July 13, 2023

Taking Politics Out of School Choice

What’s a Rich Text element?

What’s a Rich Text element?

What’s a Rich Text element?

What’s a Rich Text element?

What’s a Rich Text element?
What’s a Rich Text element?

The rich text element allows you to create and format headings, paragraphs, blockquotes, images, and video all in one place instead of having to add and format them individually. Just double-click and easily create content.

  1. testing number bullets
  2. and two
  3. and now threeee

Static and dynamic content editing

A rich text element can be used with static or dynamic content. For static content, just drop it into any page and begin editing. For dynamic content, add a rich text field to any collection and then connect a rich text element to that field in the settings panel. Voila!

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How to customize formatting for each rich text

Headings, paragraphs, blockquotes, figures, images, and figure captions can all be styled after a class is added to the rich text element using the "When inside of" nested selector system.

Ensuring each and every student has the ability to receive an education that fits their unique learning needs shouldn’t be political. This is something we’ve been saying for years.

After all, a good education is the cornerstone for a better and brighter tomorrow. Our economic prospects as a nation depend on us having an educated workforce to compete globally. Education teaches values and helps in the development of society as a whole. For many students, a good education may come from the neighborhood school down the street. That’s wonderful and we love that for those students. But, for others, their learning needs require something different.

Ensuring these students have access to the education model that can serve their needs shouldn’t be something only endorsed by one party over another. We’ve seen in our own research a wide majority of Americans across the political spectrum support school choice and providing families with access to alternative educational options. A survey we sponsored last year conducted by WPAi found a majority of voters (61%) believe America’s public education system is headed in the wrong direction. This sentiment cut across partisan lines, but was highest among Democratic men (79%), Republican men (76%) and Independent men (67%).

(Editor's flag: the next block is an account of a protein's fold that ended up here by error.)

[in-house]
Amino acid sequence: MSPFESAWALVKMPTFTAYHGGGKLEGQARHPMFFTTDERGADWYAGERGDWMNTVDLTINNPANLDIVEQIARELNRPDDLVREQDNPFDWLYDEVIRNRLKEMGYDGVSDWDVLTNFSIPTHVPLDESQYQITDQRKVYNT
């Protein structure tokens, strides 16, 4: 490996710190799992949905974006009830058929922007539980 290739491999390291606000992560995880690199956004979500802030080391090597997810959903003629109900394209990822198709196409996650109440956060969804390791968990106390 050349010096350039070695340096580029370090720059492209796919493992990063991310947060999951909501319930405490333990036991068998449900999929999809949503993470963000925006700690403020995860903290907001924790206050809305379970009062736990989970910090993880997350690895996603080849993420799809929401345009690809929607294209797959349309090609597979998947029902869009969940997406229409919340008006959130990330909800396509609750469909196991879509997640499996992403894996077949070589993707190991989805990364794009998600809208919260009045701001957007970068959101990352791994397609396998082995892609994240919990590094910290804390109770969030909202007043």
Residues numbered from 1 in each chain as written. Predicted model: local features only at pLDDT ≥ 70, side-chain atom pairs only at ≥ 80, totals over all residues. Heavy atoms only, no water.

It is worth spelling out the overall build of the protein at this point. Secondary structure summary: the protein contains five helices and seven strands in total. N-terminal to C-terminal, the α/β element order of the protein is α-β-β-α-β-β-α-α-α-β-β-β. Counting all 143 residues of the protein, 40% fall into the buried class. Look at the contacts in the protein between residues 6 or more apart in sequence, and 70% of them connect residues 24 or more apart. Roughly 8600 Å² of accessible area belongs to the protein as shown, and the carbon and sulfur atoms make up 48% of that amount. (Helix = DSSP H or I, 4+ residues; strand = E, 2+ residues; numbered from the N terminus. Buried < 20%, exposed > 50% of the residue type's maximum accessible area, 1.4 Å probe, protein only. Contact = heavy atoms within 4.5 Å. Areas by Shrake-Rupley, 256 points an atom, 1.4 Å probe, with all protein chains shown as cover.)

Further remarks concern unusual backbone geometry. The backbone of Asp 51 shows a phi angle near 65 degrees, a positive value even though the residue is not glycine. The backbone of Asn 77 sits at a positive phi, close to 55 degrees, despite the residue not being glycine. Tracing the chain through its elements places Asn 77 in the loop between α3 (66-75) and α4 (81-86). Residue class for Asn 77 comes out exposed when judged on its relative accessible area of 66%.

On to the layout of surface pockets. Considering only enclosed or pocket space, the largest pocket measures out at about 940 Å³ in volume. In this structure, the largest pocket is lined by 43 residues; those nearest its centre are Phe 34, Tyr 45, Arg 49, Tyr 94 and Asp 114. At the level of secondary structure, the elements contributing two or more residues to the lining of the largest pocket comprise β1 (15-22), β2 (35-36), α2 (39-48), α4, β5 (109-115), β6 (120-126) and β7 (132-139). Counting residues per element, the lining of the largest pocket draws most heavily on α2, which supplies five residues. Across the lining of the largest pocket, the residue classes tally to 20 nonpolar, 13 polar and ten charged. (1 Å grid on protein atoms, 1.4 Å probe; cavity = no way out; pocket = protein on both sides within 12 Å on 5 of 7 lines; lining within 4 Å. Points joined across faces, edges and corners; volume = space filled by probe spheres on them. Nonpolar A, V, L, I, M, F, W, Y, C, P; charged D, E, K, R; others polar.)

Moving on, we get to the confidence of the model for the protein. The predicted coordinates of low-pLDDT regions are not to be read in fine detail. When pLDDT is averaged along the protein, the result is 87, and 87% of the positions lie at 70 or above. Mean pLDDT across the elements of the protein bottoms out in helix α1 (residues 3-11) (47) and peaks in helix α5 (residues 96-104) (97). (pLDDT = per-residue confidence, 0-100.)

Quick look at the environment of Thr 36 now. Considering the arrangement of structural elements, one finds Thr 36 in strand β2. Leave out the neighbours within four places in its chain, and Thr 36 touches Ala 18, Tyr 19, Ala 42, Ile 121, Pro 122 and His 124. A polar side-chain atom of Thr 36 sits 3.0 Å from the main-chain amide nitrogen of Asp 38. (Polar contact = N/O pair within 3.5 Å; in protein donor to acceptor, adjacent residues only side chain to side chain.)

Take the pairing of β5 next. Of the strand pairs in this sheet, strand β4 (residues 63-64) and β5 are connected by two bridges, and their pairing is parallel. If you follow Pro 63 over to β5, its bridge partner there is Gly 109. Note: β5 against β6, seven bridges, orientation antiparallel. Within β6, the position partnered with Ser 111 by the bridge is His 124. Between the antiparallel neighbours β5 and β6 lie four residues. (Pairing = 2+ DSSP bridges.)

But what was most telling was parents of school-aged children are willing to take this sentiment to the ballot box. By a 54-13 margin, voters say they would be more likely to support a candidate who supports education freedom with expanded options and money following the student. This majority view was consistent with voters on both sides of the aisle.

That’s why it was so shocking to read the news about Georgia Democratic lawmaker Mesha Mainor essentially being forced to choose between her party and her beliefs on school choice. According to ABC News, “Mainor said legislative Democrats drove her out of the party for breaking party orthodoxy, claiming at a Tuesday news conference outside the Georgia Capitol that they had ‘relentlessly tried to sabotage every single thing that I have done for District 56’ and ‘publicly slandered me in every way imaginable.’”

Earlier this month in Pennsylvania, Democratic Gov. Josh Shapiro, who campaigned on the promise to deliver school choice for all K-12 students, succumbed to intense pressure from teachers’ unions in the state. Voters will have an opportunity to hold Shapiro accountable in 2026.

Elected officials who want to put student opportunity and success over buildings and maintaining the status quo shouldn’t be penalized. We should welcome different ideas on how to educate our children, because as we’ve seen time and time again, a one-size-fits-all approach to education doesn’t work for every student.

School choice programs, including education savings accounts, charter schools and virtual schools, are overwhelmingly favored by families of color. Many of the same elected officials that publicly oppose school choice programs are the same ones that send their children to private schools. School choice shouldn’t be reserved for the wealthy and privileged.

It’s time to take politics out of education and make school choice the bipartisan issue it is for voters.

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